Thursday, June 27, 2019

Buddhism and the 12-Steps Working Together

Back in April an article I wrote was posted on the Buddhistdoor site. What prompted me to write this article began several years ago, when I read a sober Buddhists saying that AA isn't a good place for Buddhists to find sobriety. Really? That's not been my experience. And never mind that this person got sober in AA himself.

Addiction and Recovery: Buddhists on the Path to Sobriety in AA

If you are a member of a Buddhist-inspired recovery program and maintain your sobriety with them, Good for you!  Whatever path to sobriety that works for you, I'm for it.

The point I'm trying to make in this article is don't let anyone tell you that AA doesn't work for Buddhists.  You will meet other Buddhists with longtime sobriety at AA meetings. With an open mind, try it out for yourself -- see how the 12-Steps and Buddhism compliment each other.

The editors at Buddhistdoor were kind enough to provide a link to my blog.  A wonderfully eclectic international online Buddhist site I invite you to take a look at Buddhistdoor:

Bill K.

Tuesday, June 18, 2019

Truly is anything missing in Step 6?

Step 6:  Were entirely ready to have God remove all these defects of character.

Koan: Truly is anything missing now?

Truly -- from the word truth -- that which is true: In Zen as well as in AA, being true is at the very core of practice. In Zen we have our True Nature, True Self; and in AA we say, “to thine own self be true.”

Little mind is day-to-day chatter and thoughts, about me, about you, paying bills, fixing dinner, pulling weeds, and a stubbed toe. Then there is Big Mind, which is our True Nature, our True Self, beyond duality.

At our Monday evening CityZen gathering, a story was told (Thank you Chris!), a story that I’ve altered some (think made up) that might add another perspective to our Step 6 discussion.

In this story, there’s is a watcher looking over us as we stumble and bumble about in our daily lives. Think of this “Watcher” as the sky.

In the world of form (stumbling and bumbling, etc.) people do us wrong, resentments grow, things don’t go my way, friends die, I’m rude, I become angry and others are angry, the furnace breaks down, my kid comes home with head lice, I can’t find my glasses, and on and on.  Now, think of one’s character defects over time as clouds in the sky.

If they’re really bothersome they turn into storms or even hurricanes in the sky, all causing relative degrees of chaos and suffering in the mind.

Question:  In real life, have any clouds, storms or hurricanes EVER left the sky harmed in any way? It is like this – the self-centered alcoholic causes harm and still, the Watcher is never harmed.

In Step 6, being true to ourselves, we recognize our character defects – the storms we’ve created over time. Now we find ourselves ready to be rid of these character defects, and allow whatever is watching over us to take them away…just as clouds dissipate in the sky leaving no marks whatsoever.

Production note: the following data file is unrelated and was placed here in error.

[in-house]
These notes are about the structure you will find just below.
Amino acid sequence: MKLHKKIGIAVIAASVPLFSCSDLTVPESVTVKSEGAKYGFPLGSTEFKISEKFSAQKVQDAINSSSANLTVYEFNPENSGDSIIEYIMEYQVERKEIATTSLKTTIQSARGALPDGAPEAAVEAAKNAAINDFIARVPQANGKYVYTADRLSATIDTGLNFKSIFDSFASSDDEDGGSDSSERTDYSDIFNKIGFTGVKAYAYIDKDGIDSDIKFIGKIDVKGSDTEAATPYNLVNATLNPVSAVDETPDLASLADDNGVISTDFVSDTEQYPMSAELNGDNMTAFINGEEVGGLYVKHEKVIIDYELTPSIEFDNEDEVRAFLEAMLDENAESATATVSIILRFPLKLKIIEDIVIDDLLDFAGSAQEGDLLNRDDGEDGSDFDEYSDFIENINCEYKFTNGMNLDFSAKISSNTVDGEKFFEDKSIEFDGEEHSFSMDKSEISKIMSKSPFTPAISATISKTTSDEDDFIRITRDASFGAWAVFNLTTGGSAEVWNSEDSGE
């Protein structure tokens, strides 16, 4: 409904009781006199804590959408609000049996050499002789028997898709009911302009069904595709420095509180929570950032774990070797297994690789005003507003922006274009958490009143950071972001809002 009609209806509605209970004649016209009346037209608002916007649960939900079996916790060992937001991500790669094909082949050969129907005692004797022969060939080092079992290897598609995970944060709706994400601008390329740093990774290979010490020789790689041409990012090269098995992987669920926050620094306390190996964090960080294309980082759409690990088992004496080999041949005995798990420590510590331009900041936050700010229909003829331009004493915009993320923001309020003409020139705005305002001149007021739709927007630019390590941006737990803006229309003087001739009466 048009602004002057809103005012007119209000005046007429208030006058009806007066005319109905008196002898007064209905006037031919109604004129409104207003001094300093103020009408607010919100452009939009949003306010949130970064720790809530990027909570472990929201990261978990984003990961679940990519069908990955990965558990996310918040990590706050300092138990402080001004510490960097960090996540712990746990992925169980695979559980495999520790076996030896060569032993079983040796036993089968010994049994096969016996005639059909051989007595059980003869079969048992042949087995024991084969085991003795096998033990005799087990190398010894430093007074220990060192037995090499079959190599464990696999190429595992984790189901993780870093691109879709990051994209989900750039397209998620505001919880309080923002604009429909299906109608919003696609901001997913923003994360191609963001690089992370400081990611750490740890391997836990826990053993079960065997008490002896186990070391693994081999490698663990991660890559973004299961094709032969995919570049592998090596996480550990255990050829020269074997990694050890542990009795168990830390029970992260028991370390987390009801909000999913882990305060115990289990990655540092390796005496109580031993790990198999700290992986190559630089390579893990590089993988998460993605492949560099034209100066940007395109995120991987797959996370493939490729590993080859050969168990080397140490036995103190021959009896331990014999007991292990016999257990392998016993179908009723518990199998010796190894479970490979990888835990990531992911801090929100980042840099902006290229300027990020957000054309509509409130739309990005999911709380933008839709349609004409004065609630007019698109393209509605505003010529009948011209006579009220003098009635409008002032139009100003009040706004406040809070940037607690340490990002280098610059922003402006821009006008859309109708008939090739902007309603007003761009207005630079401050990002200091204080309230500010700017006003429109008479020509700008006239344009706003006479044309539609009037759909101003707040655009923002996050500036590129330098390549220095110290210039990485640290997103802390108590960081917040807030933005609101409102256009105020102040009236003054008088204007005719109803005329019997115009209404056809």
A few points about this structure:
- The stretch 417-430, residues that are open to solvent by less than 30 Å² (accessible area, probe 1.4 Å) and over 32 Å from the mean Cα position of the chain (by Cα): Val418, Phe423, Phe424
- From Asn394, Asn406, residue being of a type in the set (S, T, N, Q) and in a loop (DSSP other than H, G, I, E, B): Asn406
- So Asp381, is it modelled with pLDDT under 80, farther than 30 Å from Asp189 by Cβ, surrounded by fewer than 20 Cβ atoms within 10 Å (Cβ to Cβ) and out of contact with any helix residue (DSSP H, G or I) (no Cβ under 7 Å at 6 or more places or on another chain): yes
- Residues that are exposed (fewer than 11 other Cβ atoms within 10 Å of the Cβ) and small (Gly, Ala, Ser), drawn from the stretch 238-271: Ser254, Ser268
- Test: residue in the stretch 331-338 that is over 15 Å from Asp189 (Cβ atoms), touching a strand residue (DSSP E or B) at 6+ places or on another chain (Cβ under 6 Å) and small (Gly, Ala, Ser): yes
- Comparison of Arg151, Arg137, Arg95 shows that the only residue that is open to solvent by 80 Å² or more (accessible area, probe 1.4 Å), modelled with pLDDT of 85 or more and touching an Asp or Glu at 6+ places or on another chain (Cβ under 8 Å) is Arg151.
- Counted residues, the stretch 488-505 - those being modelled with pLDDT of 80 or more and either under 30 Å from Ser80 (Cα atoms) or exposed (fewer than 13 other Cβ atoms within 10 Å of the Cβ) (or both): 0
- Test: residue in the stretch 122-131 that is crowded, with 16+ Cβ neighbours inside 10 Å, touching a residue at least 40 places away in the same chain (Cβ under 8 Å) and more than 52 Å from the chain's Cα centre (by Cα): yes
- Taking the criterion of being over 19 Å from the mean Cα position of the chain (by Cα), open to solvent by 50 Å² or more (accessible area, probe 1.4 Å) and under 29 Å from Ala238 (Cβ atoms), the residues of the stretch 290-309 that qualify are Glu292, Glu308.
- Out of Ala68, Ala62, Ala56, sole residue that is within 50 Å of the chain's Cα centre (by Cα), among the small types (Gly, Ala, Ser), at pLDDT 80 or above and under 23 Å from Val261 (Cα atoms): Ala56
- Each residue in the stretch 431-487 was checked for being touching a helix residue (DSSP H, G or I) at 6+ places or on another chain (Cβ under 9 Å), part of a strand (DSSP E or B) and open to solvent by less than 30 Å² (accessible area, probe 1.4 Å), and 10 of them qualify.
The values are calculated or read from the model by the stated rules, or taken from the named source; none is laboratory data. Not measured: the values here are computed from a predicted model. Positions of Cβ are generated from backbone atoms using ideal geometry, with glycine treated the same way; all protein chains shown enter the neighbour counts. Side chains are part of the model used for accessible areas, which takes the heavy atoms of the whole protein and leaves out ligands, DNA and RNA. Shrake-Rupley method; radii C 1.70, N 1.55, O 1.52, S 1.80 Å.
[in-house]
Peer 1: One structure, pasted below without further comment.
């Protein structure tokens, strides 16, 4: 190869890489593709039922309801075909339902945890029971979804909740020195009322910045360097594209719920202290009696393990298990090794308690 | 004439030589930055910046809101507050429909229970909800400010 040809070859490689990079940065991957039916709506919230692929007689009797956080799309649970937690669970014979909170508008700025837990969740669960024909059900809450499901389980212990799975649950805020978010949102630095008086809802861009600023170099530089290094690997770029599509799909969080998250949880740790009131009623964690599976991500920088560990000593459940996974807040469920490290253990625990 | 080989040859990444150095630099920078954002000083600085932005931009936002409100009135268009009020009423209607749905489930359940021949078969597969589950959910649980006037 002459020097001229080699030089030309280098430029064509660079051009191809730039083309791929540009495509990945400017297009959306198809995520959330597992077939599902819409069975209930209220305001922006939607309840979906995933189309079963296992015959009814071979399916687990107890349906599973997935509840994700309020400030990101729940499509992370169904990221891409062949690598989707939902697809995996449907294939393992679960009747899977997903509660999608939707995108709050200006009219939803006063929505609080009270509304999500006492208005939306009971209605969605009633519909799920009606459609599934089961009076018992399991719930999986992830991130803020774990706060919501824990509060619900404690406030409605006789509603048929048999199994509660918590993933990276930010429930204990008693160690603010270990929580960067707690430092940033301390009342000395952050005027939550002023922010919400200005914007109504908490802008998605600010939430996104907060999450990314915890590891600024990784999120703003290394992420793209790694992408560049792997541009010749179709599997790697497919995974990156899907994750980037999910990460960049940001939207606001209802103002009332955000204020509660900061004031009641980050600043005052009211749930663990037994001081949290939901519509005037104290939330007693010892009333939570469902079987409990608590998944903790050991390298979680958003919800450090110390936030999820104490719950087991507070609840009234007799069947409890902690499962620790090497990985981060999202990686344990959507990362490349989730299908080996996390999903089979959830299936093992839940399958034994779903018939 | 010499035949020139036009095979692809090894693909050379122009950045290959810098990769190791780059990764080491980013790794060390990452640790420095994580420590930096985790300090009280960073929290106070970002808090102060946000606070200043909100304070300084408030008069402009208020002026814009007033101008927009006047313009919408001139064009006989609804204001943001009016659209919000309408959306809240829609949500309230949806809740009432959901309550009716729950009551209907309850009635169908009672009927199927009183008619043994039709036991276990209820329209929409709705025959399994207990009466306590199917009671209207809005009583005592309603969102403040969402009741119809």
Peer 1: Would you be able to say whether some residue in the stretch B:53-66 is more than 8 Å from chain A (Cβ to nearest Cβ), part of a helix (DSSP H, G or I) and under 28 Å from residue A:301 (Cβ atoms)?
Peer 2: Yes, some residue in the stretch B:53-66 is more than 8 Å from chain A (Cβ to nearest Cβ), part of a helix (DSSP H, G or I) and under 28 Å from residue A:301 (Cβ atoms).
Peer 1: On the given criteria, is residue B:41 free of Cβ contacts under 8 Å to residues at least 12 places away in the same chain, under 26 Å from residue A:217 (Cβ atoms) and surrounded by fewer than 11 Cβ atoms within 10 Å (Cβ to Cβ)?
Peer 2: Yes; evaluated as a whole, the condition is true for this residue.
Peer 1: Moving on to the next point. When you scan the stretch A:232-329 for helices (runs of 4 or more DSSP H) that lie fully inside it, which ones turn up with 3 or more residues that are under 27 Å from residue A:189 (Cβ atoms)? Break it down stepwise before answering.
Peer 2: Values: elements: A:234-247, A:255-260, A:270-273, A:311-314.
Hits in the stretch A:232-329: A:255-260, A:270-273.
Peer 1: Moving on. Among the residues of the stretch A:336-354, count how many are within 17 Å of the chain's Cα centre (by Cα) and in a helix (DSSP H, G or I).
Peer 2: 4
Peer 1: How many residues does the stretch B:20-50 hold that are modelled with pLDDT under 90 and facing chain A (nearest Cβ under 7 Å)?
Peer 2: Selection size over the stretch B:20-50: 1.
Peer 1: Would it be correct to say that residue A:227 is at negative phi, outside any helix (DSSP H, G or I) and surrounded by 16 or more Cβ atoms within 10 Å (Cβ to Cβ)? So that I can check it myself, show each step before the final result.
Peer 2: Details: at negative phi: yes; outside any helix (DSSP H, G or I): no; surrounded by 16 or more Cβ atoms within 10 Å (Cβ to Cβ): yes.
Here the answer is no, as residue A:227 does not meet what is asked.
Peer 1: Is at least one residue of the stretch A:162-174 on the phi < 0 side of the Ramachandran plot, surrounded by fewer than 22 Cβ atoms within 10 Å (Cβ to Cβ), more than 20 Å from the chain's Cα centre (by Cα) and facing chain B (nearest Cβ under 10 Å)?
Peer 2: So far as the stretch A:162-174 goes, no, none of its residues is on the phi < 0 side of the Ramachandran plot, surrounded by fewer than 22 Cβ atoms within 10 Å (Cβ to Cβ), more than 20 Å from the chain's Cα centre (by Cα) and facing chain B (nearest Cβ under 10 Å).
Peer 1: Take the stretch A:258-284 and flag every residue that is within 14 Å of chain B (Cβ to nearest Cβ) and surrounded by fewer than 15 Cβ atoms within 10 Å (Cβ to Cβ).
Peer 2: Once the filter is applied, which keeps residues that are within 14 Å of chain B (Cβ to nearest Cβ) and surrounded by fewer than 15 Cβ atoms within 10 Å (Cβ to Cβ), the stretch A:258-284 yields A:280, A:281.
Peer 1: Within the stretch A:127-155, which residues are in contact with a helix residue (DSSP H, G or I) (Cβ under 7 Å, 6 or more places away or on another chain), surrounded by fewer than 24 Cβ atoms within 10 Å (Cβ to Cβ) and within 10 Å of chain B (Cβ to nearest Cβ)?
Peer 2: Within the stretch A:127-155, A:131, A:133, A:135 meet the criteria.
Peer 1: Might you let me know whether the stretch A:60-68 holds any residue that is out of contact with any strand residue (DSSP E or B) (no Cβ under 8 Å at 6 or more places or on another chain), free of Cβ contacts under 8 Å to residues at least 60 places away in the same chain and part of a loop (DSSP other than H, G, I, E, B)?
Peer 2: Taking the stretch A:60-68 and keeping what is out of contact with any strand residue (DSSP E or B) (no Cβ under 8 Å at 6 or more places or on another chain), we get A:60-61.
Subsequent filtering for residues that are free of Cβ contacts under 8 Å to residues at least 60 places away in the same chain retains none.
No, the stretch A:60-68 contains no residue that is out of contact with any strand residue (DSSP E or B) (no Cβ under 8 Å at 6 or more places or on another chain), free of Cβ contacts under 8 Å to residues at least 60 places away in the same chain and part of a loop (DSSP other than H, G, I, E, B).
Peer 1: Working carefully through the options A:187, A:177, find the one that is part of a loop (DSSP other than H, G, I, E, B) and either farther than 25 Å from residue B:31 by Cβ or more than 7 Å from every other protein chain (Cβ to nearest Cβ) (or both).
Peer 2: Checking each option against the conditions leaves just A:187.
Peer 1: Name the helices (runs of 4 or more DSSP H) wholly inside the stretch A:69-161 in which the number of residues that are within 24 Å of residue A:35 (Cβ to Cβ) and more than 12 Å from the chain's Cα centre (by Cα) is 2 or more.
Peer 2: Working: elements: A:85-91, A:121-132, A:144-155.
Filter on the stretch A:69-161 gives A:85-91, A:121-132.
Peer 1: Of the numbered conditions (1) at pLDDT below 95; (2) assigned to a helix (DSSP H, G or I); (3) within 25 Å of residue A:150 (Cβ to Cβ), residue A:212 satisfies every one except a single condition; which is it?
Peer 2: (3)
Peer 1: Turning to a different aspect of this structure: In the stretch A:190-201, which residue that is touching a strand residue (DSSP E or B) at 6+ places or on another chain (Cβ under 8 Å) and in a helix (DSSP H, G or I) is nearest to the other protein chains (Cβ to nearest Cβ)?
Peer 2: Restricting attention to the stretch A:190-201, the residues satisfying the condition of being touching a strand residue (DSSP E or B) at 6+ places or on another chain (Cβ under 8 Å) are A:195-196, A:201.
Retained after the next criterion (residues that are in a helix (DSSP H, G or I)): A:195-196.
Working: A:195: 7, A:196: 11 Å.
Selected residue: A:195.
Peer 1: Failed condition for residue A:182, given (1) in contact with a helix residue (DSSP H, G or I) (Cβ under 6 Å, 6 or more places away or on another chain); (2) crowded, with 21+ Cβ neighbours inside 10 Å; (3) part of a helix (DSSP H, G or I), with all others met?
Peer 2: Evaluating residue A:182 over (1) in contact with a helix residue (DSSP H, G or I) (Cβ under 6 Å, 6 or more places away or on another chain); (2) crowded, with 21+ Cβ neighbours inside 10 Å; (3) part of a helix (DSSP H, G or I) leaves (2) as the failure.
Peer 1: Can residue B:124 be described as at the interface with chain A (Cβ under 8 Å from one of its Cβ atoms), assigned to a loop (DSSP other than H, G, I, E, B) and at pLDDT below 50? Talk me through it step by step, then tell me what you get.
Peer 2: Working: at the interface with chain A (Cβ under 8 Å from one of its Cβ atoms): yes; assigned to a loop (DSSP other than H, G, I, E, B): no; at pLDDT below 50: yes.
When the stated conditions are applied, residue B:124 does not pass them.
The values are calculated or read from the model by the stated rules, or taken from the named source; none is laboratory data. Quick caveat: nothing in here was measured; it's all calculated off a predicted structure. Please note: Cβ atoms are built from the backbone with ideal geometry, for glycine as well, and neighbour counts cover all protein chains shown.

Elsie gave us a turn-this-upside-down moment when she told us how it was when she first worked the Steps. When she came to Step 6, she thought the “to have God remove” part was like saying, “I’ll have my husband pick up a quart of milk on his way home from work.” Say what? That would be like commanding God to remove defects. “Who could ever be in charge of God, she pondered?” Certainly not me.

Is anything missing now? You bet there is! Since I will never be perfect, no matter how often I search for defects, always searching within, doing the Steps over and over again, there will always be missing “wrongs” to correct. So of course, later I realized that I needed to ask God in Step 7 and was not making commands of him in Step 6.

Dale often says that inventory work is at the heart of his practice.  It’s in the Big Book reminding us to do this by asking if we’ve really done Steps 1 thru 5; have we omitted anything? Is anything missing? If we can’t think of anything missing then we go onto Step 6. “It’s almost like Step 6 is a prelude to Step 7. ‘Are you ready’ is an echo of Step 3 – I’m ready to make this decision.”

Then he laughed saying, “Somewhere I heard that we’ve been given these 12 Steps to do  [keep us busy] while God works the miracles.”

John: “In acknowledging that I’m entirely ready; in that moment of complete surrender; the experience of having peace of mind washes over me.”

When I’m truly ready to let go and let God, relief comes by knowing there’s nothing lacking, nothing extra, and nothing missing – things fit together like boxes and lids – leaving us with expansive blue sky above.

Yours truly,

Bill K.